05.28.11 7:25 PM ET
How Infidelity Affects the Kids
The coping process began, as so many things do nowadays, on Twitter.
Arnold Schwarzenegger and Maria Shriver’s 17-year-old son, Patrick, publicly changed his surname to Shriver on his Twitter page following his father’s now-infamous affair. Then, the former couple’s daughter, Katherine, 21, tweeted a plea for understanding: "This is definitely not easy but I appreciate your love and support as i begin to heal and move forward in life."
That Schwarzenegger’s kids seemed to be declaring a modicum of distance from their father is just one of the ways children of cheating parents deal, according to experts. For Patrick and Katherine, their father’s very public saga of power, sex, and secrecy is only prologue to their own relationship narratives, and will affect them long after the headlines fade.
It’s no surprise that when parents cheat, kids may suffer. With nearly a quarter of married men and approximately 10 to 15 percent of women admitting to some form of extramarital activity, Schwarzenegger’s spawn are far from the only children affected by infidelity. Although adulterers are no longer branded with a scarlet “A,” the shame associated with infidelity still very much exists.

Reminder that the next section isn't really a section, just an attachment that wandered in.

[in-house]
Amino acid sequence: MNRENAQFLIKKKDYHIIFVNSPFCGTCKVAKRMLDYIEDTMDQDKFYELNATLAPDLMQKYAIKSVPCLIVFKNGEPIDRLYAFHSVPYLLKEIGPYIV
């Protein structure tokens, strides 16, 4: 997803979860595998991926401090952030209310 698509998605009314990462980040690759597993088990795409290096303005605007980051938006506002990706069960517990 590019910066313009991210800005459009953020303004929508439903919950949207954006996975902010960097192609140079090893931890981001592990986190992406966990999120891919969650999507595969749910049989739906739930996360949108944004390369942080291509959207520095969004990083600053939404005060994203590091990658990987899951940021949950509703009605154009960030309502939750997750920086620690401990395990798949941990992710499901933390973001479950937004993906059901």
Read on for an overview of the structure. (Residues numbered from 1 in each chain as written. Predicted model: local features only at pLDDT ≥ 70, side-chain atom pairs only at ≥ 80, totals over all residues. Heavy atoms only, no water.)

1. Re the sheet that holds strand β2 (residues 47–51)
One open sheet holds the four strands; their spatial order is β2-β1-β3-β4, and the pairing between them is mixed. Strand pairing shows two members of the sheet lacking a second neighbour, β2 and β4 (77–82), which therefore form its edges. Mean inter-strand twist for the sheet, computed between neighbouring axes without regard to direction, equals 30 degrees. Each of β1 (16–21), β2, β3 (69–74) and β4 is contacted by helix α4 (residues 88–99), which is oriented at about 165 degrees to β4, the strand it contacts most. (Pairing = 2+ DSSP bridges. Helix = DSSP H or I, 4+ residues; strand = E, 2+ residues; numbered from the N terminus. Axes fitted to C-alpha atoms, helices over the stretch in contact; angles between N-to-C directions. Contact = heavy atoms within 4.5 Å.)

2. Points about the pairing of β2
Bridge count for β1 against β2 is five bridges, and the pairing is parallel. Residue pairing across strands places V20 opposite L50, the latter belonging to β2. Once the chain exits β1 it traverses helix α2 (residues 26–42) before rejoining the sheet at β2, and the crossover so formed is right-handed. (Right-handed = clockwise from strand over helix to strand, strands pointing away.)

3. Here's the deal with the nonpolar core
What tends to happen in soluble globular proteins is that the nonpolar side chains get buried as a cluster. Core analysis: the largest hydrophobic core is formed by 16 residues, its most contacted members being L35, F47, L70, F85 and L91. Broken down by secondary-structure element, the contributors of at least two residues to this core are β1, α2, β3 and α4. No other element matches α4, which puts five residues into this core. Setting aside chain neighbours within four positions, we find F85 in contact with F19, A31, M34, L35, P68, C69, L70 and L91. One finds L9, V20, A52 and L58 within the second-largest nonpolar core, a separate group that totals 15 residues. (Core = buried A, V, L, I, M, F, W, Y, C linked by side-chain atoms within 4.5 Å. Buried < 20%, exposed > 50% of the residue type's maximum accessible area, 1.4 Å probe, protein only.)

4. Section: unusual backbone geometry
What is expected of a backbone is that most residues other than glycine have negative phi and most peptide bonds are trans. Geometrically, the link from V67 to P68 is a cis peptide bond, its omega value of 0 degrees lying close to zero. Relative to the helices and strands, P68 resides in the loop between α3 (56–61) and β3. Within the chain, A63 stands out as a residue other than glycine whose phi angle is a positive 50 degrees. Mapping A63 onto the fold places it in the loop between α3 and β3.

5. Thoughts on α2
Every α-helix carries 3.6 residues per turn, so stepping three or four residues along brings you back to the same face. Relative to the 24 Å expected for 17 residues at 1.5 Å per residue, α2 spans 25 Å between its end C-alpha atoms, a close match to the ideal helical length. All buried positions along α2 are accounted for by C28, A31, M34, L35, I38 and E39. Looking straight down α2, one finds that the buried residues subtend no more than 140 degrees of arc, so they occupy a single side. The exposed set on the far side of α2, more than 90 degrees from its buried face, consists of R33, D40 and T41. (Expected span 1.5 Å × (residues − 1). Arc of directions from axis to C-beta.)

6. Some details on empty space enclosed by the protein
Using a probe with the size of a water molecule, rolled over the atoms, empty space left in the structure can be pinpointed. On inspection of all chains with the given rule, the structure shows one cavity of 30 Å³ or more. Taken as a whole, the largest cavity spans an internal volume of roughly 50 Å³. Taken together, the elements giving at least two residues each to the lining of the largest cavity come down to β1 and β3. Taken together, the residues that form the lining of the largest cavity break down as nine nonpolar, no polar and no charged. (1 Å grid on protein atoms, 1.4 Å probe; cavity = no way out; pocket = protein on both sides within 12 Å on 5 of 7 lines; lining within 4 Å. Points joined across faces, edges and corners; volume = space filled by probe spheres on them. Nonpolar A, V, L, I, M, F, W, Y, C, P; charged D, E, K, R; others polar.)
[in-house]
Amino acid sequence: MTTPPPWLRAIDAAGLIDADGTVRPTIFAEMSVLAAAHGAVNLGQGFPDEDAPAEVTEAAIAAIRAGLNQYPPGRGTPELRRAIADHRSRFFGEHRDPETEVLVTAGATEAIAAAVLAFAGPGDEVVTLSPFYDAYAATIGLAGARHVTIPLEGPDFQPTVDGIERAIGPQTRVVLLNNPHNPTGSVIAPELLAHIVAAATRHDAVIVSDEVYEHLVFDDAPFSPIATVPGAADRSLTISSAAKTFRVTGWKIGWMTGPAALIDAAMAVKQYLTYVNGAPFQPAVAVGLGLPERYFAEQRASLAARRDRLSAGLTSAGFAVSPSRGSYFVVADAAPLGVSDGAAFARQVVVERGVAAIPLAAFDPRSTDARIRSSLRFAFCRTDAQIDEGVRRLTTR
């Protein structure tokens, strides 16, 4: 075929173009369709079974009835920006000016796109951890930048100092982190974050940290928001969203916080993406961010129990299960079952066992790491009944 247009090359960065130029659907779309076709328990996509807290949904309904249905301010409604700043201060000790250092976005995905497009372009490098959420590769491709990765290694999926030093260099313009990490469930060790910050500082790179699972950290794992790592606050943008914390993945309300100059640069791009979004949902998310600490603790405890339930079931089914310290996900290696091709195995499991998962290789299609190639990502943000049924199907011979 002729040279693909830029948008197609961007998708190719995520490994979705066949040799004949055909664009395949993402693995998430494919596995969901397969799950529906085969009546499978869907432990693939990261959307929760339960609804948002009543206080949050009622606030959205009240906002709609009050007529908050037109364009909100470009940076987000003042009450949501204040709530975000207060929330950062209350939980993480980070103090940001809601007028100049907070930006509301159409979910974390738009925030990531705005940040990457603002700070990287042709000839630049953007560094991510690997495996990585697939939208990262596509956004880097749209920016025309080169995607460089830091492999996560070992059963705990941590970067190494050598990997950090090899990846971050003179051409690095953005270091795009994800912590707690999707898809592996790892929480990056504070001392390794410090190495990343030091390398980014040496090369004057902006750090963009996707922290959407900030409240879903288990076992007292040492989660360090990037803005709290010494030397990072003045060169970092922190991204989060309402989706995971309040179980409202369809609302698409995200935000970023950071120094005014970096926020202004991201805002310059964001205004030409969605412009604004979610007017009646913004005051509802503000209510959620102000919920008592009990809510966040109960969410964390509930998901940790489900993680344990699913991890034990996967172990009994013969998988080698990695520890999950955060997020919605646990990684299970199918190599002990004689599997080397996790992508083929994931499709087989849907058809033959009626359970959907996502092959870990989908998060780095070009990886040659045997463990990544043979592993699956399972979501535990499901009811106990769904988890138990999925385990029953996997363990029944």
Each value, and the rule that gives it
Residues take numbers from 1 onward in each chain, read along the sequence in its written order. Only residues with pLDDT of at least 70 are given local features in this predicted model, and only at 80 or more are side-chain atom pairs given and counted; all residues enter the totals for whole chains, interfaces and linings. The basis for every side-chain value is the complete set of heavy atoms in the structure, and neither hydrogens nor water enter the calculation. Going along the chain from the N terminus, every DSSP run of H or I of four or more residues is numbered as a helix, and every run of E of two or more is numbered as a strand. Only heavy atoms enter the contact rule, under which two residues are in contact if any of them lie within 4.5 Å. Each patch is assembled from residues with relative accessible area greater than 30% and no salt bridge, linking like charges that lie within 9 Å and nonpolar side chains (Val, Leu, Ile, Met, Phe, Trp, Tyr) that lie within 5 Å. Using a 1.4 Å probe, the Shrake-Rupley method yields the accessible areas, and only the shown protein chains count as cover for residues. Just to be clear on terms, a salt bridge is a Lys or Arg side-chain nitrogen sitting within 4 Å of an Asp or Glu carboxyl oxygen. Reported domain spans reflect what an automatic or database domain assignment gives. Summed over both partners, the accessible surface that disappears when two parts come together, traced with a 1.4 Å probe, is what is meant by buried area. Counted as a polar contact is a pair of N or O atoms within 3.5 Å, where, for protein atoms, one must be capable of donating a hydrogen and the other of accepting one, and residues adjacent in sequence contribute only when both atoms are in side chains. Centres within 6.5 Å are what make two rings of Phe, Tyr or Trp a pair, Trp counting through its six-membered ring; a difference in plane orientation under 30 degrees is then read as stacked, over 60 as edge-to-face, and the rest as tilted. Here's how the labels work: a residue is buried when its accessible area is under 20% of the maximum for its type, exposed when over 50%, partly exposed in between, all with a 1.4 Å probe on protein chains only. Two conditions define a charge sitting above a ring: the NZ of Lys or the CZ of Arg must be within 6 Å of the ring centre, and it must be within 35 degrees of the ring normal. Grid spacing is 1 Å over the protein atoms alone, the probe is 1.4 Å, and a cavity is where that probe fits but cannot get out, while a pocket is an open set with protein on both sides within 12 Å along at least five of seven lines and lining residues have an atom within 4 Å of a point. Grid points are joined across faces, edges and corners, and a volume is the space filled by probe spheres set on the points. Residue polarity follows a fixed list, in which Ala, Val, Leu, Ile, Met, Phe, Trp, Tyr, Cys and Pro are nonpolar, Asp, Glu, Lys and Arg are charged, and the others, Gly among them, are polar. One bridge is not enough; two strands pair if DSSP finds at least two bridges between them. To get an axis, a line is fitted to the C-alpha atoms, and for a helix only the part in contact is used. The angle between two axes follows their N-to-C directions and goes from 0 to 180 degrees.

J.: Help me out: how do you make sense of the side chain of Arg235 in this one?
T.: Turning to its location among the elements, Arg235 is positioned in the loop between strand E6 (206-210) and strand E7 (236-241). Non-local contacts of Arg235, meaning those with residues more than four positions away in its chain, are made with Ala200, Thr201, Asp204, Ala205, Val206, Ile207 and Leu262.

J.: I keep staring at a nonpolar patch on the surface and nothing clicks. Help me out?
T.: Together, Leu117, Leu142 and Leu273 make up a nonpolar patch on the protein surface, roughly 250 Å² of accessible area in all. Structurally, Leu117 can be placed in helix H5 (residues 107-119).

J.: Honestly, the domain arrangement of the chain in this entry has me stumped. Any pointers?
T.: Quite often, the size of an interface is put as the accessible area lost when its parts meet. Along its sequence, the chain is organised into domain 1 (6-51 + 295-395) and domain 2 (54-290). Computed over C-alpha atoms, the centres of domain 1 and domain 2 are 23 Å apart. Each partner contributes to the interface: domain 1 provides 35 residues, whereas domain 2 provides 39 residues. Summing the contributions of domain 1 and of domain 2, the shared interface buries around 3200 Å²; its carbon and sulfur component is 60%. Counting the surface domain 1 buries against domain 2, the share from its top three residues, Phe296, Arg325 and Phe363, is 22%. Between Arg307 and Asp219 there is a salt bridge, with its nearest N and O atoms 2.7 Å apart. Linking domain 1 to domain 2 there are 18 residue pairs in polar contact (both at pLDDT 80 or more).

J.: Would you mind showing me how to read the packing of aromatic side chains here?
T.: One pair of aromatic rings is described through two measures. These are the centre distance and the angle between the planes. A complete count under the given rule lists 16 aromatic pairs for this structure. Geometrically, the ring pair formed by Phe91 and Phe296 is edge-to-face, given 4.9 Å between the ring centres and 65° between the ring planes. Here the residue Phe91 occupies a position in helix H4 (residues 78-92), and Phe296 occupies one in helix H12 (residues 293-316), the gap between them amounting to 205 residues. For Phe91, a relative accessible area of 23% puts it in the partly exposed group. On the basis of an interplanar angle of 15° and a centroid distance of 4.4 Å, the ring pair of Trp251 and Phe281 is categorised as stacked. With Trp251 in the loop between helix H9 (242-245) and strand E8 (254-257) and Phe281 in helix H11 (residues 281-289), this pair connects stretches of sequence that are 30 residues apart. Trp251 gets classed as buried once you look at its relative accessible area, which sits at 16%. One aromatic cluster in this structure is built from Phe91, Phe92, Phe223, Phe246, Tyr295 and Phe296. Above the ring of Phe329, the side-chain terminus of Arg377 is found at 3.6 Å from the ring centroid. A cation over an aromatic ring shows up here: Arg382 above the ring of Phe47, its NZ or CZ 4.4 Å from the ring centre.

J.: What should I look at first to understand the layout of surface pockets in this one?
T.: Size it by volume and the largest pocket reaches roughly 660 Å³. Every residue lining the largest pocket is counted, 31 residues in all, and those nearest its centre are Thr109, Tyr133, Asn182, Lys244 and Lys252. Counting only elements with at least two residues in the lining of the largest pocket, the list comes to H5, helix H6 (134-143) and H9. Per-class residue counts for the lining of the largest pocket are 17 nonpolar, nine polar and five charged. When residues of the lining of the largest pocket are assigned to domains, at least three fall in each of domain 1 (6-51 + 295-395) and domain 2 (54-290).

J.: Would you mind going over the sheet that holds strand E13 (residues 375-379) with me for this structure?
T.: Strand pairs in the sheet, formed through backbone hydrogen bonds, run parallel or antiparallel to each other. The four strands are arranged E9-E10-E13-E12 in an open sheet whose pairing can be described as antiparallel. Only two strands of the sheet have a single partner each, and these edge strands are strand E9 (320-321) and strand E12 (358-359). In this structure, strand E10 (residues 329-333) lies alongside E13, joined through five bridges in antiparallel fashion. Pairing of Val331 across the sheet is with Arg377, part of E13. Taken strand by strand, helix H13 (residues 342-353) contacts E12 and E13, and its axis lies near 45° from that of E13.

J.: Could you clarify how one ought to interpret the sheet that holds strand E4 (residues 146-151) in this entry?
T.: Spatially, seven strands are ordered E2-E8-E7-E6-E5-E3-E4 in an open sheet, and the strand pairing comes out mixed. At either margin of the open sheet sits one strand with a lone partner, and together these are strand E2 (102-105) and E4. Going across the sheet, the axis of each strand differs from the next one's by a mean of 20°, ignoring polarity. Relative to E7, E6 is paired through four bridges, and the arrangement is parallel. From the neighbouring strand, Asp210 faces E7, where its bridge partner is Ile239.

So it’s no wonder that the adult children of cheaters often struggle with trust issues of their own. “I’m not saying that everyone does it, but 55 percent of adult children that came from families where one parent was unfaithful ended up being cheaters themselves,” says Dr. Ana Nogales, a clinical psychologist and the author of Parents Who Cheat: How Children and Adults are Affected When Their Parents Are Unfaithful.
Adult children of cheaters often struggle with trust issues of their own.
Exactly how children are affected by a parent’s transgressions depends on a number of variables. When children find out about an affair, it’s not just the cheating, but how parents deal with the crisis that can have the most profound effect on their children’s future relationships, says sex and family therapist Dr. Don-David Lusterman, who authored the book Infidelity: A Survival Guide. “We’re always looking at the context to understand what happened,” he says. “Are we talking about a single act of infidelity, or is it someone who has always done this and just got nailed this time?”